customers will appreciate it!
One Topic per Page
Your homepage should give a brief but compelling overview of your property that invites website
visitors to explore further through relevant CTA (call-to- action) buttons and easily navigable menus.
From there, designating a single topic per page (like "Rooms" or "Amenities" or "Local Attractions")
makes it easier for visitors to navigate and comprehend your content. (Read our blog post on site
navigation for some handy navigation design tips.)
Get to the Point
When writing about the stay experience it's easy to get carried away. Telling your property's story is
exciting and you may realise you have a lot you want to share! Unfortunately, long paragraphs of text on
a web page tend to put people off rather than draw them in. Studies show that most website viewers
scan through content, reading only approximately 20 percent.
To ensure readers get the most out of your copy, think "short and sweet"! Here are some tips for
keeping it simple:
- Organize page content under subheadings (helpful for most of us who scan).
- Make text easy to digest by keeping paragraphs short (about two or three sentences long).
- Put the most important information first.
- Ask yourself if a great image can do the talking instead.
- Include clear calls to action that relate to the purpose of each page. For example, a Rooms page
should prominently display a "Book now" or "Check availability" button, while a Weddings &
Events page might have a "Make an enquiry" or "Ask us a question" button.
Address All Travel Planning Stages
Google has found that people researching travel online via mobile devices conduct multiple short-burst
searches across all travel planning stages to find answers to specific questions. These micro-moments
are intent rich and present prime opportunities to capture the attention of customers.
It's important to provide content on your website for all stages of the travel research journey: the I-
want-to- get-away moments; the Time-to- make-a- plan moments; the Let's-book- it moments; and the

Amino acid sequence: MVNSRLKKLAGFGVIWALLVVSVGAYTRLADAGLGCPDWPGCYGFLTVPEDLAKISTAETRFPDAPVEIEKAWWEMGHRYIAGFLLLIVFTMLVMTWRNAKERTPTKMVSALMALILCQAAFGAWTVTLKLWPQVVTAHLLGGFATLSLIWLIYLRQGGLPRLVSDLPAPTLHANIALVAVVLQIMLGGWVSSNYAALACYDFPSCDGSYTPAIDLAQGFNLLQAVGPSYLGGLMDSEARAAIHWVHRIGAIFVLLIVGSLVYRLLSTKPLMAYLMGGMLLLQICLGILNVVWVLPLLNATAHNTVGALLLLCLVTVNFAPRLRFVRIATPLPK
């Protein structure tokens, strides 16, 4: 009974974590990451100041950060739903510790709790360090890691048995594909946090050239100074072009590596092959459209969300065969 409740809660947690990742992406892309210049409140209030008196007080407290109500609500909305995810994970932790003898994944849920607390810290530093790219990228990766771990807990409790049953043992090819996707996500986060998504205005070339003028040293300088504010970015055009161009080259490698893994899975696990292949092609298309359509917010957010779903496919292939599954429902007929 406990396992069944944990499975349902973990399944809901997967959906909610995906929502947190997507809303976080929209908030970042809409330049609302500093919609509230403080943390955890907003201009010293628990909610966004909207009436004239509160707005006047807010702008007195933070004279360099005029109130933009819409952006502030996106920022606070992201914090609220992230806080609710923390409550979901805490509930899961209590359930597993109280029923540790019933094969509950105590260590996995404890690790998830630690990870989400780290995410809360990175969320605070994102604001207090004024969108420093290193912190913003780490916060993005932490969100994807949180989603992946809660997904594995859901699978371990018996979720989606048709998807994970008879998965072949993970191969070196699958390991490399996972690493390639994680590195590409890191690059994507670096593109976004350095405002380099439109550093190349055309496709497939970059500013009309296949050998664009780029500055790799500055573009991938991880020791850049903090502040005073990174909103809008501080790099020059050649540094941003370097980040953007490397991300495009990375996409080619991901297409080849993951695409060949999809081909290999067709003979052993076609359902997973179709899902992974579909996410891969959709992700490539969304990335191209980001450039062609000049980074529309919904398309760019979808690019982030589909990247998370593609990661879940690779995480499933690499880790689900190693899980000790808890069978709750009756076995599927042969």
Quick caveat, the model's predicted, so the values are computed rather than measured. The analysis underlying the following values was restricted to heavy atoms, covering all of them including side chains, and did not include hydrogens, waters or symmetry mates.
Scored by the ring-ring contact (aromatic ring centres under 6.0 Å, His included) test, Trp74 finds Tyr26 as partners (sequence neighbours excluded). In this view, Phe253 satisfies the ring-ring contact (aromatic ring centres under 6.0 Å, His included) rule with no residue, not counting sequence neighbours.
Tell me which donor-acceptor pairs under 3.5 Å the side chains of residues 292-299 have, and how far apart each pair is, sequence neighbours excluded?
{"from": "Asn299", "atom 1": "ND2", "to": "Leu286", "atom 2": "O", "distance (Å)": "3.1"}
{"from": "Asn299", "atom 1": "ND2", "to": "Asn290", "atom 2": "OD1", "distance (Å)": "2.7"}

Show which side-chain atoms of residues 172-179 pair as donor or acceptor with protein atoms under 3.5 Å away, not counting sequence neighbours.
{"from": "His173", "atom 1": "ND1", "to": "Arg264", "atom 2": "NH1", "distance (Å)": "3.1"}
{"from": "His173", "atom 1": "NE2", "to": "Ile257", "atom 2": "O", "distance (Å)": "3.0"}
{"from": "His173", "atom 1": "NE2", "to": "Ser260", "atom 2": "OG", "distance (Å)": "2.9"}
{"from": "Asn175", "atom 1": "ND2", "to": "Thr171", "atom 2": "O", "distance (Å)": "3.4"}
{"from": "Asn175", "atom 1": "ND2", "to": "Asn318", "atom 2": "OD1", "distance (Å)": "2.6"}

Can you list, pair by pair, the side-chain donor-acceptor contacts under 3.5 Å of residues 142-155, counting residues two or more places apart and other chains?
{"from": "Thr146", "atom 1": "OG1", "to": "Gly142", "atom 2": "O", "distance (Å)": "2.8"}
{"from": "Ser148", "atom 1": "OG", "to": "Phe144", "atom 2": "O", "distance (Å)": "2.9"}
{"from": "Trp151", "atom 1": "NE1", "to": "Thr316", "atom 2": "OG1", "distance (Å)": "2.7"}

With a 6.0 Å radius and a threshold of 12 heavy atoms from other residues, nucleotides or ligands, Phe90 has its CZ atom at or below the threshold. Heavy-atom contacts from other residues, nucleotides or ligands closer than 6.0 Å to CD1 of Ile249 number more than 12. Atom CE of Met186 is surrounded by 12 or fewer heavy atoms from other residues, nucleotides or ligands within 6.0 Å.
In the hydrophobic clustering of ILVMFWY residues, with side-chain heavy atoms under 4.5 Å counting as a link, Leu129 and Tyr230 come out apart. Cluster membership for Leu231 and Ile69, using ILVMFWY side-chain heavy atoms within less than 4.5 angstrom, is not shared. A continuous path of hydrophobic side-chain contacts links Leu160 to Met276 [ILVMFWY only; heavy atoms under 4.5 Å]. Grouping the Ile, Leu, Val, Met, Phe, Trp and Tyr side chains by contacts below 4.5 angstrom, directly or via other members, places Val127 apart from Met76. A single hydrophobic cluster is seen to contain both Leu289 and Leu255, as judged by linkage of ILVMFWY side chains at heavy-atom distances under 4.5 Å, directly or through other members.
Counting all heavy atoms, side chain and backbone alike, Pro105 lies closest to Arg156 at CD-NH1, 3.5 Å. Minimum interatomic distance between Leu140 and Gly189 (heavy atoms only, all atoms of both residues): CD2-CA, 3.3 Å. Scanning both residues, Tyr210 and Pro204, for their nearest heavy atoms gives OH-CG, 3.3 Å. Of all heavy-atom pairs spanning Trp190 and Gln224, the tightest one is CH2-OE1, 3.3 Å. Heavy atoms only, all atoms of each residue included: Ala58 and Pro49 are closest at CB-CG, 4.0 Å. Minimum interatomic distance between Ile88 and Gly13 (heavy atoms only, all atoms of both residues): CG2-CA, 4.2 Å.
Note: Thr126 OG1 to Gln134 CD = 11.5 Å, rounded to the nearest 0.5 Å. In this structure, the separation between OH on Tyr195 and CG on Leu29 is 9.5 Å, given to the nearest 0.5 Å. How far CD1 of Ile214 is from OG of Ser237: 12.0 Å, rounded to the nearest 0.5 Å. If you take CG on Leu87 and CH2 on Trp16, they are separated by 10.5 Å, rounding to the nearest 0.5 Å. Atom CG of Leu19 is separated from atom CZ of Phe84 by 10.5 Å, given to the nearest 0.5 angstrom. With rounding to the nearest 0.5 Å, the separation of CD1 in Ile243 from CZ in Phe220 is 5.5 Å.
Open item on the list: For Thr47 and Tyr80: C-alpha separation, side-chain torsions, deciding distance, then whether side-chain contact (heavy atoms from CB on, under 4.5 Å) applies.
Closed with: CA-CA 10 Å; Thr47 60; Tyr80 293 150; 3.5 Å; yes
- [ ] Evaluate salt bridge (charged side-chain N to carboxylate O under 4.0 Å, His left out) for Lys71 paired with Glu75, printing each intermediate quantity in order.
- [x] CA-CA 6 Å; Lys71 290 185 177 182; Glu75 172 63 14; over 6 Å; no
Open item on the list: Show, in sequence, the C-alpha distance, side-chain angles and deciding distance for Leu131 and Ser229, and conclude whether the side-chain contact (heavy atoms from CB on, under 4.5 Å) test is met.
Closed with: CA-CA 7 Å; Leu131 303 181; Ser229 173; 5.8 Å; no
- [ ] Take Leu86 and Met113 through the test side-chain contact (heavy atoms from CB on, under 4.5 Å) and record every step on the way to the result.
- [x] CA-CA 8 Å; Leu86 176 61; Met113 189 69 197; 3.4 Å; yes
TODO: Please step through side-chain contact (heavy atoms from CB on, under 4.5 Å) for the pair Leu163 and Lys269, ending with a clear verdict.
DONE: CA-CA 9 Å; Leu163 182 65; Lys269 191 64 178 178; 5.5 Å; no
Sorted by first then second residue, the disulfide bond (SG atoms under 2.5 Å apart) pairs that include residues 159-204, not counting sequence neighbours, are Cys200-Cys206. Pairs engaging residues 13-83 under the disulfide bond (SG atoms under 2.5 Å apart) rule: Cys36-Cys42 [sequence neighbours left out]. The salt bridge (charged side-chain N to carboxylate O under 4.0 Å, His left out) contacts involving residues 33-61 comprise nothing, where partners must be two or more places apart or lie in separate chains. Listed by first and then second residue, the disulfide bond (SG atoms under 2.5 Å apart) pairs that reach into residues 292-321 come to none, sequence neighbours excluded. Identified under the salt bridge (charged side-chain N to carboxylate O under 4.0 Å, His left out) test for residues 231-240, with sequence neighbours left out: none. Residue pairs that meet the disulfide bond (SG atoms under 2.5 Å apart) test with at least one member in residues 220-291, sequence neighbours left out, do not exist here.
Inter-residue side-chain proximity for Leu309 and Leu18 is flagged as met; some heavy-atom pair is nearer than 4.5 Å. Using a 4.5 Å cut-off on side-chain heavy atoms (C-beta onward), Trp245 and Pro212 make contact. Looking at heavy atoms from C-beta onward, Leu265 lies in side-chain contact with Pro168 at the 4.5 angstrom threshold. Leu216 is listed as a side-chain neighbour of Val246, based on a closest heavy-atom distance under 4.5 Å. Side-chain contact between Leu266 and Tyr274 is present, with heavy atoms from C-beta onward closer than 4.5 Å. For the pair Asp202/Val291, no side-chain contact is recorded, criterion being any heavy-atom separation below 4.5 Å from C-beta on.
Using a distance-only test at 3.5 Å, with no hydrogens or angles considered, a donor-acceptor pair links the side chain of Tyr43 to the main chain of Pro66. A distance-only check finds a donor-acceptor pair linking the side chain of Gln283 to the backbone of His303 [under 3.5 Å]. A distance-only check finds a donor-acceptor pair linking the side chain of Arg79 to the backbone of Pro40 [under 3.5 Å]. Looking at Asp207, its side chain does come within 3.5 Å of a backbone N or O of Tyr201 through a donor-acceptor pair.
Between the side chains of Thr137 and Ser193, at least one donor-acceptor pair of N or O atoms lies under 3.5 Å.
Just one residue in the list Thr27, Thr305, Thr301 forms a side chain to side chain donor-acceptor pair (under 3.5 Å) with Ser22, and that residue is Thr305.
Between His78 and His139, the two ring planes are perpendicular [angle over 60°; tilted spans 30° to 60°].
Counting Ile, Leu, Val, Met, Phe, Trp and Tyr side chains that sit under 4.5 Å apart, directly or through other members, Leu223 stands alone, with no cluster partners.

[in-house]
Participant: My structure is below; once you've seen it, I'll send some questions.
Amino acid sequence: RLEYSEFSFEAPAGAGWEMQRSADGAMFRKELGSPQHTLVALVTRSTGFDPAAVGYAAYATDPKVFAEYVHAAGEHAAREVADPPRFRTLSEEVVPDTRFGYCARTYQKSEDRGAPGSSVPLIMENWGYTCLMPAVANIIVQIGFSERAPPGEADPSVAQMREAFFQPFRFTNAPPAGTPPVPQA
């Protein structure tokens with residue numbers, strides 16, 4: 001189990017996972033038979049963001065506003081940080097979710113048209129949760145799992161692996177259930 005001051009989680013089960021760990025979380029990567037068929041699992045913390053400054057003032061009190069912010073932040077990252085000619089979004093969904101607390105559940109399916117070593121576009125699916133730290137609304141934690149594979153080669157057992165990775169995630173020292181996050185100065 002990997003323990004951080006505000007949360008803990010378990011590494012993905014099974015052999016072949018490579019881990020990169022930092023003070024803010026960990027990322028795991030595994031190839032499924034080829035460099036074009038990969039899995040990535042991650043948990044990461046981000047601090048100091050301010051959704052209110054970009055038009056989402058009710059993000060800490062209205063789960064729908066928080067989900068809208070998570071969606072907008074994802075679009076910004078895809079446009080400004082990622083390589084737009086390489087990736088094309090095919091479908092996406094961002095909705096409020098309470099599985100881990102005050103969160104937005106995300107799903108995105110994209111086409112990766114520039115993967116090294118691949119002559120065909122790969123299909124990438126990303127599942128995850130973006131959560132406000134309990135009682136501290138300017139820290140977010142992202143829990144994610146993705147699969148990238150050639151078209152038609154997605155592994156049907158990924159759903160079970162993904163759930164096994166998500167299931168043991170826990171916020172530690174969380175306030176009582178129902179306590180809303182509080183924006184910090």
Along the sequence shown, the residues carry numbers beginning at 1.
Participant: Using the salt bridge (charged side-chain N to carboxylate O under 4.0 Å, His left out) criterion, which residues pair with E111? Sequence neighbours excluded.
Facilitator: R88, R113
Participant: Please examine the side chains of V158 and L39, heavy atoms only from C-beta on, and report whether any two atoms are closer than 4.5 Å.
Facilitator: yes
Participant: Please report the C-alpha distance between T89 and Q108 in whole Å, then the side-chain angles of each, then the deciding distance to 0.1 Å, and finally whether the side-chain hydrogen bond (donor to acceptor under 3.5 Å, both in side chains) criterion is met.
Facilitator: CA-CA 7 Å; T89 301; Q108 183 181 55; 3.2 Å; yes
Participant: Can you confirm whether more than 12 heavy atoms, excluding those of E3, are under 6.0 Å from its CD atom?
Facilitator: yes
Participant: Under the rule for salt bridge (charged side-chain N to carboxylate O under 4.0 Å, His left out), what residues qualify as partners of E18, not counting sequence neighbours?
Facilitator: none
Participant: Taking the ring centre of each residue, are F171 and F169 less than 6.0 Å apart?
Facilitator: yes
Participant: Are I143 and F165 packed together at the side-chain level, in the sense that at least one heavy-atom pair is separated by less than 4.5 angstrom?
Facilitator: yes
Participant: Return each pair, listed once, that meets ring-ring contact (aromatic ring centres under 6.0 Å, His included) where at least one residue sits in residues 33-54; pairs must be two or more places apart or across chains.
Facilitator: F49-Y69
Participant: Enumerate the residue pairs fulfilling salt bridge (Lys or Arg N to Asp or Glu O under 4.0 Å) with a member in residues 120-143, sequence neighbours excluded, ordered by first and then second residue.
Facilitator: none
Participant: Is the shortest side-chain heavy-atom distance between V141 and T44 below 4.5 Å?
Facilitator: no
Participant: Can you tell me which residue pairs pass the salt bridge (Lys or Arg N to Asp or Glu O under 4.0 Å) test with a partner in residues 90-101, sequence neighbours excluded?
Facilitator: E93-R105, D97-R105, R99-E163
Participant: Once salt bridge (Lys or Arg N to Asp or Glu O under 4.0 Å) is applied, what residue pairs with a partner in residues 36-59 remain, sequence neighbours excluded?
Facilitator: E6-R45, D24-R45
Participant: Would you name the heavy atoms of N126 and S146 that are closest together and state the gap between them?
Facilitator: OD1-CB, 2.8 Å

Can't-wait- to-explore moments.
Including information about local experiences on your website engages customers earlier in their travel
planning journey (during the dreaming and planning moments) and is relevant to customers during the
booking and experiencing moments too. Demonstrating your local expertise also enhances the
experience you offer, and it's great for SEO (search engine optimization).
In addition to mentioning the main drawcards of your location in the introduction of your homepage, it's
also good practice to dedicate a page to local attractions and things to do. Blogging is an excellent way
to highlight local experiences as well. Be sure to link to the websites of the attractions and businesses
Think about the questions your customers have at each stage of their travel planning journey and
ensure your website answers them.
Keep It Real
Last but certainly not least, keep your story real. Embellishing the truth will only result in disappointed
guests and negative reviews. Refer to customer feedback to determine whether your website portrays
your property accurately and to identify areas (both online and onsite) that could be improved.
Consistency of voice also helps to portray authenticity. Write in a tone and style that reflects the
personality of your property and resonates with your target audience - and stick to it.
Website copy plays a crucial role in telling your property's story along with photos, video, usergenerated
content and overall site design. Put some time and effort into crafting written copy to engage
customers and inspire them to choose you.
Need help? Drop us a line!